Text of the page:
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News Archives: Index

October 7, 2010: Probation Set For Industrial Action

October 5, 2010: Turning Prisoners Into Taxpayers

October 4, 2010: Murder Changes Now In Force

September 20, 2010: Probation Programmes Face Cuts

August 24, 2010: Victorian Poor Law Records Online

August 10, 2010: Justice Job Cuts

July 28, 2010: Prison Violence Growing

July 22, 2010: Police Numbers: Latest Figures

July 22, 2010: New Jurisdiction Rules

July 16, 2010: CCJS On Prison And Probation Spending Under Labour

July 15, 2010: Latest Statistics On Violent And Sexual Crime

July 15, 2010: Latest National Crime Figures

July 15, 2010: New Chief Prisons Inspector

July 14, 2010: Hard Times Ahead For Prisons: Anne Owers

July 14, 2010: Prison Does Not Work: Ken Clarke

July 13, 2010: Criminal Justice Reform: Sentencing and Rehabilitation

July 13, 2010: Criminal Justice Reform Priorities

July 12, 2010: What Price Public Protection, Asks Probation Chief Inspector

July 12, 2010: NOMS has failed, says Napo

July 10, 2010: IPCC To Investigate Death of Raoul Moat

July 9, 2010: Women In Prison: New Report

July 9, 2009: Unjust Deserts: Imprisonment for Public Protection

July 8, 2010: Police Search Powers Change

July 7, 2010: Make 'Legal High' Illegal, Says ACMD

July 2, 2010: Failing Children In Prison

July 2, 2010: Police Buried Under a Blizzard of Guidance: HMIC

July 1, 2010: Freedom To Change The Law?

June 30, 2010: A New Outlook On Penal Reform?

June 30, 2010: Revolving Door Of Offending Must Stop, Says Clarke

June 30, 2010: Ken Clarke: Speech on Criminal Justice Reform

June 29, 2010: No More Police Targets

June 26, 2010: Family Intervention Projects Questioned

June 25, 2010: Cutting Criminal Justice

June 24, 2010: Napo on Sex Offenders Report

June 23, 2010: Closing Courts: The Cuts Begin

June 23, 2010: Strategy To Tackle Gangs

June 15, 2010: Courts and Mentally Disordered Offenders

June 8, 2010: Working With Muslims in Prison

June 1, 2010: Your Chance To Nominate a QC

January 14, 2010: Justice Committee Report Welcomed

The Howard League for Penal Reform has welcomed the findings of the “excellent” Justice Committee report: Cutting crime: the case for justice reinvestment.

The ‘Cutting Crime’ report recognises that ‘prison is a relatively ineffective way of reducing crime for other than serious offenders’ and that the Committee was convinced that more prison building will prove a ‘costly mistake’. The Justice Committee champions the need to reinvest the public’s money directly into communities.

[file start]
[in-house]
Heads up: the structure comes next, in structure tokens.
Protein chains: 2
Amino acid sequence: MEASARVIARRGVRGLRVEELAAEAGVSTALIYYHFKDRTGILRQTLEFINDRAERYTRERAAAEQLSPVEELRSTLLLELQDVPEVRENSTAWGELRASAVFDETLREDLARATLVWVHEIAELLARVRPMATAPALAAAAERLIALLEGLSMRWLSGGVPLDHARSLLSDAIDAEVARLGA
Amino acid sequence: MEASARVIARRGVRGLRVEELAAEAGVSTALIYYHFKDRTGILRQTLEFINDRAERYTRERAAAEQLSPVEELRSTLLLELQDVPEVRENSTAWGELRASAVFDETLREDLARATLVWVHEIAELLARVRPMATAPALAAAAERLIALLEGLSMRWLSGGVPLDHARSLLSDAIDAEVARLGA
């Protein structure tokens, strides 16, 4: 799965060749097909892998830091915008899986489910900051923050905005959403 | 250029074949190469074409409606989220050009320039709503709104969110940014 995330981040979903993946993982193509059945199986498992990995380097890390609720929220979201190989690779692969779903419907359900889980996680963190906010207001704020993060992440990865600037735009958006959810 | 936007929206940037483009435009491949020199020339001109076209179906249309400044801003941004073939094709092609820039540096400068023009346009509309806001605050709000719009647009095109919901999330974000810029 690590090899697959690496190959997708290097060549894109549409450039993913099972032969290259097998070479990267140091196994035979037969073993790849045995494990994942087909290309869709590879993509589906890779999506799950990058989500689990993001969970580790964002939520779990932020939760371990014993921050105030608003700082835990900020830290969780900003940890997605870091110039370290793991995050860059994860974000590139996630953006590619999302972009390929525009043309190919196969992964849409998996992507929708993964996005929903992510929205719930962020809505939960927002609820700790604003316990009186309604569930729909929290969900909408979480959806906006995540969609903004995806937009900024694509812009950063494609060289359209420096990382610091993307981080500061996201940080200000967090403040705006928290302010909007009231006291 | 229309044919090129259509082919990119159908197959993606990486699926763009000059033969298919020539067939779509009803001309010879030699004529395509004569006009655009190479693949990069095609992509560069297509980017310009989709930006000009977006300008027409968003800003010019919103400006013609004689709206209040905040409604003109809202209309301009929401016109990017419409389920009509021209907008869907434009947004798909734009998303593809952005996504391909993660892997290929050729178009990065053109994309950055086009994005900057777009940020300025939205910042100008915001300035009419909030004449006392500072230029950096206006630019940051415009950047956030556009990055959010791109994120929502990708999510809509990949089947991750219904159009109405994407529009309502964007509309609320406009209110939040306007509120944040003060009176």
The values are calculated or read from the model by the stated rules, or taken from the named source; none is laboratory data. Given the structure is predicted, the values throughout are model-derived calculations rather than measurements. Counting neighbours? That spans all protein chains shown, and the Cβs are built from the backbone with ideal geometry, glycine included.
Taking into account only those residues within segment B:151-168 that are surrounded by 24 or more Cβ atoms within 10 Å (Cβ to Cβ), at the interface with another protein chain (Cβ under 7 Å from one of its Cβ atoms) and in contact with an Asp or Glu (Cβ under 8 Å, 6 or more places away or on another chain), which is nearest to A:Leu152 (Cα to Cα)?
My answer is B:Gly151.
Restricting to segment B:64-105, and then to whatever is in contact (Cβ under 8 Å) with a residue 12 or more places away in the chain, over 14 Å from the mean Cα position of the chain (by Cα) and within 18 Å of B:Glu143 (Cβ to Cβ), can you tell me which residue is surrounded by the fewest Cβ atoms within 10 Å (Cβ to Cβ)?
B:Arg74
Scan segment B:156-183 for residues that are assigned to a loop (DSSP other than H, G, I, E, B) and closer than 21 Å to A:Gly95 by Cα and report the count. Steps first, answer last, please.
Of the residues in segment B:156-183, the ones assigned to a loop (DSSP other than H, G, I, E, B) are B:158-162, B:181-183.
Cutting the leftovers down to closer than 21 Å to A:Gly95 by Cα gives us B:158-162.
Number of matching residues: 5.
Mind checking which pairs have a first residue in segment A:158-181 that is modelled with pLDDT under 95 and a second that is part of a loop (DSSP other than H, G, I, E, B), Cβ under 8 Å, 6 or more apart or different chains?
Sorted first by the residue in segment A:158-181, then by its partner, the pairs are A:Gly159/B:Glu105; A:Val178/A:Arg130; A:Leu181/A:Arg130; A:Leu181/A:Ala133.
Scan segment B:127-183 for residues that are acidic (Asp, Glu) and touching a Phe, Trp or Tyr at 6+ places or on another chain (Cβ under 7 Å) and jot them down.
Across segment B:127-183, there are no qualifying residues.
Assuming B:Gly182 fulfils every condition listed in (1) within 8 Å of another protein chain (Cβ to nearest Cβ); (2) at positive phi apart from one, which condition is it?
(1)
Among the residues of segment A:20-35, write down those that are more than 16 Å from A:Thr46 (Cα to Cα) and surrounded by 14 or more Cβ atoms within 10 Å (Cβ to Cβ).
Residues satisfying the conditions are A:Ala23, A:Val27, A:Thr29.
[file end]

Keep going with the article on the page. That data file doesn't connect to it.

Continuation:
Howard League Director Frances Crook said:

“I have long said that you cannot build your way out of a prisons crisis and that the answer lies instead in the communities where much crime occurs. Instead of building more and more warehouses for people, it makes far better social and financial sense to prevent crime happening in the first place."

“The Howard League for Penal Reform believes that justice reinvestment and a less centralised, more localised approach to criminal justice would be more successful at reducing reoffending and the numbers in custody whilst, crucially, creating safer and more confident communities where people actually perceive the benefits of safer streets and healthy neighbourhoods."

“The need for a change of direction has been recognised by a number of recent reports and inquiries, from our own Commission on English Prisons Today to the All Party Parliamentary Group on Local Government and now in this excellent report from the Justice Committee. We now have a sizeable head of steam for real reform in criminal justice and the financial realities of the coming years make that reform all the more urgent.”

Frances Crook also addressed the need for any justice reinvestment initiative to benefit “whole communities”:

“If you are to reorganise and restructure, release money and get public support for quite a radical idea then local people have to see that they will get something out of it too."

“Whilst it is absolutely right that you should point services at particular people who are likely to be or are being troublesome, you must also benefit the whole community because at the moment there is no public confidence in the criminal justice system. Nobody sees it; the system is distant and hidden away from local communities and this problem goes far beyond questions of sentencing policy."

“We have to find a responsible and appropriate way to give justice and resources back to local communities.”